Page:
A glitch in iOS 15 is preventing noise cancellation from being available on iPhone 13 models
There is no fix scheduled as of now to put noise cancellation on the iPhone 13 line
Noise cancellation was first available to iPhone users with iOS 7. The latter debuted with the iPhone 5. The feature works when a microphone captures unwanted ambient noises and a small amplifier cancels these sounds by producing sound waves out of phase with the ambient noises.
Apple Will Reportedly Be Requiring Covid-19 Boosters for Its Store and Corporate Workers – Gizmodo
Apple now considers covid-19 booster shots to be an important element in protecting its workers and will be purportedly requiring employees to show proof that they’ve gotten the additional dose to access its premises, according to an internal email seen by the Verge.
On Saturday, the Verge reported that Apple would be requiring its retail and corporate employees to get a covid-19 booster shot once they are eligible for one. According to the Centers for Disease Control and Prevention, individuals who received Pfizer-BioNTech and Moderna vaccines can get a booster five months after their first two shots. Those who receive the one-dose Johnson & Johnson shot are eligible to get boosted two months after vaccination.
As told by the Verge, Apple workers will have four weeks to comply with the company’s booster requirement once they become eligible. If employees don’t get a booster within that time frame, they will be required to take frequent covid-19 tests to enter an Apple Store, partner store, or Apple office beginning on Feb. 15.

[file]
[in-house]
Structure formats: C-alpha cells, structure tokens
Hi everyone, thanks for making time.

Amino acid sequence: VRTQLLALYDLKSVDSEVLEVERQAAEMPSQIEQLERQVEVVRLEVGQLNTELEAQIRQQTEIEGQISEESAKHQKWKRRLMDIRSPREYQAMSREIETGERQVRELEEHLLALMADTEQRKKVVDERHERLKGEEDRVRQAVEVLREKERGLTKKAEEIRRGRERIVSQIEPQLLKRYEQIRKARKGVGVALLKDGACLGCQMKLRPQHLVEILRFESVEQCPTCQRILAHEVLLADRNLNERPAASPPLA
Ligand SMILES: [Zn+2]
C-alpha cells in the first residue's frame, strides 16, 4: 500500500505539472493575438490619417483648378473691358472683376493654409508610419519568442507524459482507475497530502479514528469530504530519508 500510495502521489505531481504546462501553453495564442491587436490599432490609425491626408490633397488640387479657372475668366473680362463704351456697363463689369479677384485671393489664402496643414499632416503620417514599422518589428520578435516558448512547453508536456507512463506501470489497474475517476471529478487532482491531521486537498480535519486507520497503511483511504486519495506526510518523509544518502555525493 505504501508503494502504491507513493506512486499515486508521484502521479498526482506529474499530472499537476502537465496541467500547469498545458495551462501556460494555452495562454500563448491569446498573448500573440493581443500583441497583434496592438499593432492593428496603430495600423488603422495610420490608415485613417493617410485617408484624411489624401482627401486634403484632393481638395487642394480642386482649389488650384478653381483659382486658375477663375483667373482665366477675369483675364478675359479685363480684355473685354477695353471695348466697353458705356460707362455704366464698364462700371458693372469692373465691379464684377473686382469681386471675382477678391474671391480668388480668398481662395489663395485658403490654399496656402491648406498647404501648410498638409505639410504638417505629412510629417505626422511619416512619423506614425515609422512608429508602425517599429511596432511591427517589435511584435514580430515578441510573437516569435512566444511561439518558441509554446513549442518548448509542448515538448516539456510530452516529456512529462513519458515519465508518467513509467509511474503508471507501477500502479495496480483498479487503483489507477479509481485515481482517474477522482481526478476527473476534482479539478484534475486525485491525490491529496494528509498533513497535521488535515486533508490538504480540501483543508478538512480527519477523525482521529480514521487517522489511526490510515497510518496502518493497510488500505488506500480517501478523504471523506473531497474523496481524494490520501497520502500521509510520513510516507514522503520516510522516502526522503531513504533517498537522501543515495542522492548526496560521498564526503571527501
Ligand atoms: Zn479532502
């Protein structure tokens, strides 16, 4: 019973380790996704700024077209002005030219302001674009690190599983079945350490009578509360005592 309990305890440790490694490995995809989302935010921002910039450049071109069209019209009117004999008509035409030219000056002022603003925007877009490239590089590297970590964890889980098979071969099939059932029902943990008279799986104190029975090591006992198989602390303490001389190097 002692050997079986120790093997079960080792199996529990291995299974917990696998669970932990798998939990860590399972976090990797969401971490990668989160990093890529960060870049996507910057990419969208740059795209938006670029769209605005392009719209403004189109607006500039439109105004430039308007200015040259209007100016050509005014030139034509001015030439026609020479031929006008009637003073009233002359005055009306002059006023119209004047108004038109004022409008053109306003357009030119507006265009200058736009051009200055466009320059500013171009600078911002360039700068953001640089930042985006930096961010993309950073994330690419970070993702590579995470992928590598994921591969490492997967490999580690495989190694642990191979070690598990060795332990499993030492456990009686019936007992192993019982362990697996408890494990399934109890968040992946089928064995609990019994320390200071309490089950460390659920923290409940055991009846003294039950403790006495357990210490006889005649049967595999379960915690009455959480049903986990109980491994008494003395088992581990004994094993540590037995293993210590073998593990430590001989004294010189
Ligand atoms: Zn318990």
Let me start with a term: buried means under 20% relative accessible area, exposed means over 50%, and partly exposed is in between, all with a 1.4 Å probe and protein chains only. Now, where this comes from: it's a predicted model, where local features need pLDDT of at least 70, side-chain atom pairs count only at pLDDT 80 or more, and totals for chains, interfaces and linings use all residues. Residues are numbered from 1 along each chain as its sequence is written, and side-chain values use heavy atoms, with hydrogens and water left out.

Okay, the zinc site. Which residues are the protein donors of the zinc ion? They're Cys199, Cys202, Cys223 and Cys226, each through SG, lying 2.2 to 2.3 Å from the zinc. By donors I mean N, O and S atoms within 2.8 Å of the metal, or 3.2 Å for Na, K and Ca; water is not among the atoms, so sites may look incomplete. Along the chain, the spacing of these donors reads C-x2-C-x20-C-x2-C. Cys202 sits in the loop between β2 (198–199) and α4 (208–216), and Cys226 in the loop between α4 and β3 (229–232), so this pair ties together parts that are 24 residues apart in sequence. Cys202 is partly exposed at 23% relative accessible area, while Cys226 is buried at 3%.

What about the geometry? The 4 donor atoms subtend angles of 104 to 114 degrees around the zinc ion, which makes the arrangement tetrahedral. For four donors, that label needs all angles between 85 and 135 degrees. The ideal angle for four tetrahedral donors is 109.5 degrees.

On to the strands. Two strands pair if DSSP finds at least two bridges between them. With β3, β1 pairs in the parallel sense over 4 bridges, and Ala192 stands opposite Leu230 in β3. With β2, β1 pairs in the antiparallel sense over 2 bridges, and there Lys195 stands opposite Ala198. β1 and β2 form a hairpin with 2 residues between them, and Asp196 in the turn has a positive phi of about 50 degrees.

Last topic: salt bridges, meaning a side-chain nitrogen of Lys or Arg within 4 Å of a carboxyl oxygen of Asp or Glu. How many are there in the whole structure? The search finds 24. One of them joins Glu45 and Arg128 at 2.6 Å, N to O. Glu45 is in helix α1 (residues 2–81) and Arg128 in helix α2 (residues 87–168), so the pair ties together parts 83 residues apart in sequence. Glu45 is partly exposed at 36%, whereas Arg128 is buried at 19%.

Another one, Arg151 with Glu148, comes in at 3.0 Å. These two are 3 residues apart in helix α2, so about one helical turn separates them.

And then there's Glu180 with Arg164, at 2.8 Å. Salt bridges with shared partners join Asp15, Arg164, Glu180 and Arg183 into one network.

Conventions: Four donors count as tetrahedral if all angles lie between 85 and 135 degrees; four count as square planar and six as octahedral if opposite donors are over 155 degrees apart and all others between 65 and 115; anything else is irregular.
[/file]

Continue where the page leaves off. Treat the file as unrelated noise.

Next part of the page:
“Due to waning efficacy of the primary series of COVID-19 vaccines and the emergence of highly transmissible variants such as Omicron, a booster shot is now part of staying up to date with your COVID-19 vaccination to protect against severe disease,” Apple stated in the internal email, according to the Verge.
The memo also contained information for unvaccinated employees, which will be required to provide a negative covid-19 rapid antigen test before entering the workplace beginning on Jan. 24. Workers who have not provided proof of vaccination will also have to abide by this testing policy.
Gizmodo reached out to Apple on Sunday to confirm the Verge’s report, but we didn’t hear back by the time of publication. We’ll update this article if someone from the company gets back to us.